- . The second key issue related to the Department’s approach to Lasting Powers of Attorney (LPA) and Enduring Powers of Attorney (EPA). The Bill will create a new system of LPAs which cover decisions relating to a person’s health, welfare and finances. It will also prevent any further EPAs, which relate to a person’s property and affairs, being made once the Bill comes into operation. The Committee was concerned that given the potential complexity and costs associated with making an LPA, many people would simply not make one. It was therefore of the view that the EPA system should be allowed to remain in place, to allow people a wider range of options in terms of planning for their future needs. The Committee therefore agreed to register its
opposition to clause 110.
5. The third issue related to the conditions for detention under a Public Protection Order (PPO) within the criminal justice provisions of the Bill. Public Protection Orders are being created through the Bill to deal with people who are not culpable for their actions, but cannot be released because they pose a danger to others. The Bill as drafted stipulated that for someone to be subject to a PPO, he or she had to pose a risk of “serious physical harm to other persons”. The Committee was concerned that this criterion may not always be met, even when the crime committed would be deemed to be serious, but had not resulted in “serious physical harm” to the victim. The Department recognised that this was a potential loophole and proposed a range of amendments to the Bill, so that the risk a person poses in terms of “serious physical or psychological harm” to others must be considered in relation to PPOs.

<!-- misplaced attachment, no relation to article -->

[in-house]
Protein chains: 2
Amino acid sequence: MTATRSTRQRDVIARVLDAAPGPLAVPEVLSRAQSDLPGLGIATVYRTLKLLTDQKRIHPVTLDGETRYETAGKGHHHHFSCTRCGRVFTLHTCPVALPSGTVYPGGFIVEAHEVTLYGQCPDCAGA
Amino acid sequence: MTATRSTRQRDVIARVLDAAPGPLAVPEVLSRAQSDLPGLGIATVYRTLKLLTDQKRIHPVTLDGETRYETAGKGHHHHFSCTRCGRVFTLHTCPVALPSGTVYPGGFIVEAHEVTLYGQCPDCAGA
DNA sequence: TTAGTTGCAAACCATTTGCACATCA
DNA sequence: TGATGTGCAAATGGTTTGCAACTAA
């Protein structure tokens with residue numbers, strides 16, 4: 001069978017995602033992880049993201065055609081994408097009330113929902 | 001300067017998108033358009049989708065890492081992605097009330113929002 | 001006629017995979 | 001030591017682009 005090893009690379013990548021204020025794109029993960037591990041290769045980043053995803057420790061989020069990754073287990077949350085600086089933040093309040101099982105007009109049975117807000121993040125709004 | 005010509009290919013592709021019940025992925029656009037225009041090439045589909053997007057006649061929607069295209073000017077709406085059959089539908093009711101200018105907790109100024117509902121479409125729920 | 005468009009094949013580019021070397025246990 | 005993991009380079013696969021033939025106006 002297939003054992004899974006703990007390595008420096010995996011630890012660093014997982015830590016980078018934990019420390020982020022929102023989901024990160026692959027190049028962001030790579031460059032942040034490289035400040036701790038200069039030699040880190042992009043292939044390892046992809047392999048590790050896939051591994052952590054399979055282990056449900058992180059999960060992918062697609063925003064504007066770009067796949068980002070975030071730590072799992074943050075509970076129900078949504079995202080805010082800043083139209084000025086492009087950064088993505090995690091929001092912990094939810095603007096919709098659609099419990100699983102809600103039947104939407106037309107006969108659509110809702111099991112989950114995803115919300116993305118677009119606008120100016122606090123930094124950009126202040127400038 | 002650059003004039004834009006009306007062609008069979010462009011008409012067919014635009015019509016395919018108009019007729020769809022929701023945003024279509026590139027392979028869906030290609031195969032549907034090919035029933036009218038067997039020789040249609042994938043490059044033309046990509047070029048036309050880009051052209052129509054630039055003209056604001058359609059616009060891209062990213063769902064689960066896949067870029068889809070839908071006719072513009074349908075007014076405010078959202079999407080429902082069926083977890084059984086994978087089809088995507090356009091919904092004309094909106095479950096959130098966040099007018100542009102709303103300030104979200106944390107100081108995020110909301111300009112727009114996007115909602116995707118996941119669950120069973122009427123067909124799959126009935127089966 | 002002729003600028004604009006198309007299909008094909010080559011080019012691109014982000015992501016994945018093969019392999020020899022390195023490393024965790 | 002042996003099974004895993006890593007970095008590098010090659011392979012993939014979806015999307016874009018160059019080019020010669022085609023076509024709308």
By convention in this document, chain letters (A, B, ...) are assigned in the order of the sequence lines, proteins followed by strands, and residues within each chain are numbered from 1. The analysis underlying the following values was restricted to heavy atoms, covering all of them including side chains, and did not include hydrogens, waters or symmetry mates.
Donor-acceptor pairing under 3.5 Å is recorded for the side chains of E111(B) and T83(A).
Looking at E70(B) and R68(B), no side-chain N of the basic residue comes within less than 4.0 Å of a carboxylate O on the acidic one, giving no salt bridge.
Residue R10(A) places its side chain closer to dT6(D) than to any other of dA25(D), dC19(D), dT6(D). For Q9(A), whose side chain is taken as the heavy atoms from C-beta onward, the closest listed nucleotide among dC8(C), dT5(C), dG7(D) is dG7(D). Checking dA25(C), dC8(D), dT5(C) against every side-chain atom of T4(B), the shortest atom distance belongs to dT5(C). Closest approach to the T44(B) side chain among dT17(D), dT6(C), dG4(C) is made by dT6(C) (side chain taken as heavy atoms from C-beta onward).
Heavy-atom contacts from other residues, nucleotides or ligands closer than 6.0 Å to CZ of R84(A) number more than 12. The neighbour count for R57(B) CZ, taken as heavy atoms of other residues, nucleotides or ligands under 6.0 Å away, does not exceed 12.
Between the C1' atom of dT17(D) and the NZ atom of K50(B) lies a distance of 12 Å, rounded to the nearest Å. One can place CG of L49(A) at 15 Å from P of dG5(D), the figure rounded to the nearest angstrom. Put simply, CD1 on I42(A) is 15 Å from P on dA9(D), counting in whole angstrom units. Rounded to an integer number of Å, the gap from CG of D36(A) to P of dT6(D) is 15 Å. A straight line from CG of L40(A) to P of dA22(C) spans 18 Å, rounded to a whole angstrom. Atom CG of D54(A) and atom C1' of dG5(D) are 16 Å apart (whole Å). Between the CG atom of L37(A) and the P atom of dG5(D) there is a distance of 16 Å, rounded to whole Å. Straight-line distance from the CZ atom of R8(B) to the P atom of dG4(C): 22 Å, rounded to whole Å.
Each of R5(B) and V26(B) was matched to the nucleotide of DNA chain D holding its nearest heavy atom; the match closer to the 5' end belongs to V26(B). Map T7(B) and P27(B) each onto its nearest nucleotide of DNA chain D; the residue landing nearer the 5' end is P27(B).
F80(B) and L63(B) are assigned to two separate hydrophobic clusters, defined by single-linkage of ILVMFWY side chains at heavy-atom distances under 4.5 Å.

- . The fourth issue was the Department’s
powers to make further provision by means of secondary legislation. As drafted, the Bill permitted the Department to amend any part of the Act by secondary legislation. The Committee was of the view that this power was too wide-ranging. The Department accepted the Committee’s viewpoint and drafted amendments to limit the power to amend the Act to Part 2, and to require that powers to amend any other pieces of legislation as a consequence of the Act would be done through the draft affirmative procedure.
- . The fifth issue was that of the costs associated with the Bill, which are estimated at between £76 to £84 million for year one implementation costs, and £68 to £76 million for recurrent costs. The Committee was seriously concerned about the lack of certainty in terms of whether the monies required will
be forthcoming from the Departments and the Executive, given the current financial climate.”
EUROPE AND THE WIDER WORLD
Almost (but not quite) as long in gestation as the Northern Ireland Bill, the Irish Assisted Decision- Making (Capacity) Act was signed into law on 30 December 2015. It represents an ambitious attempt to bring the law in the Republic of Ireland out of (at best) the 19th century into the 21st century by seeking to implement many of the core tenets of the CRPD. Whether (a) it has entirely succeeded; (b) the culture change that will be required in order to translate its principles into action are both still questions that are very much open to debate.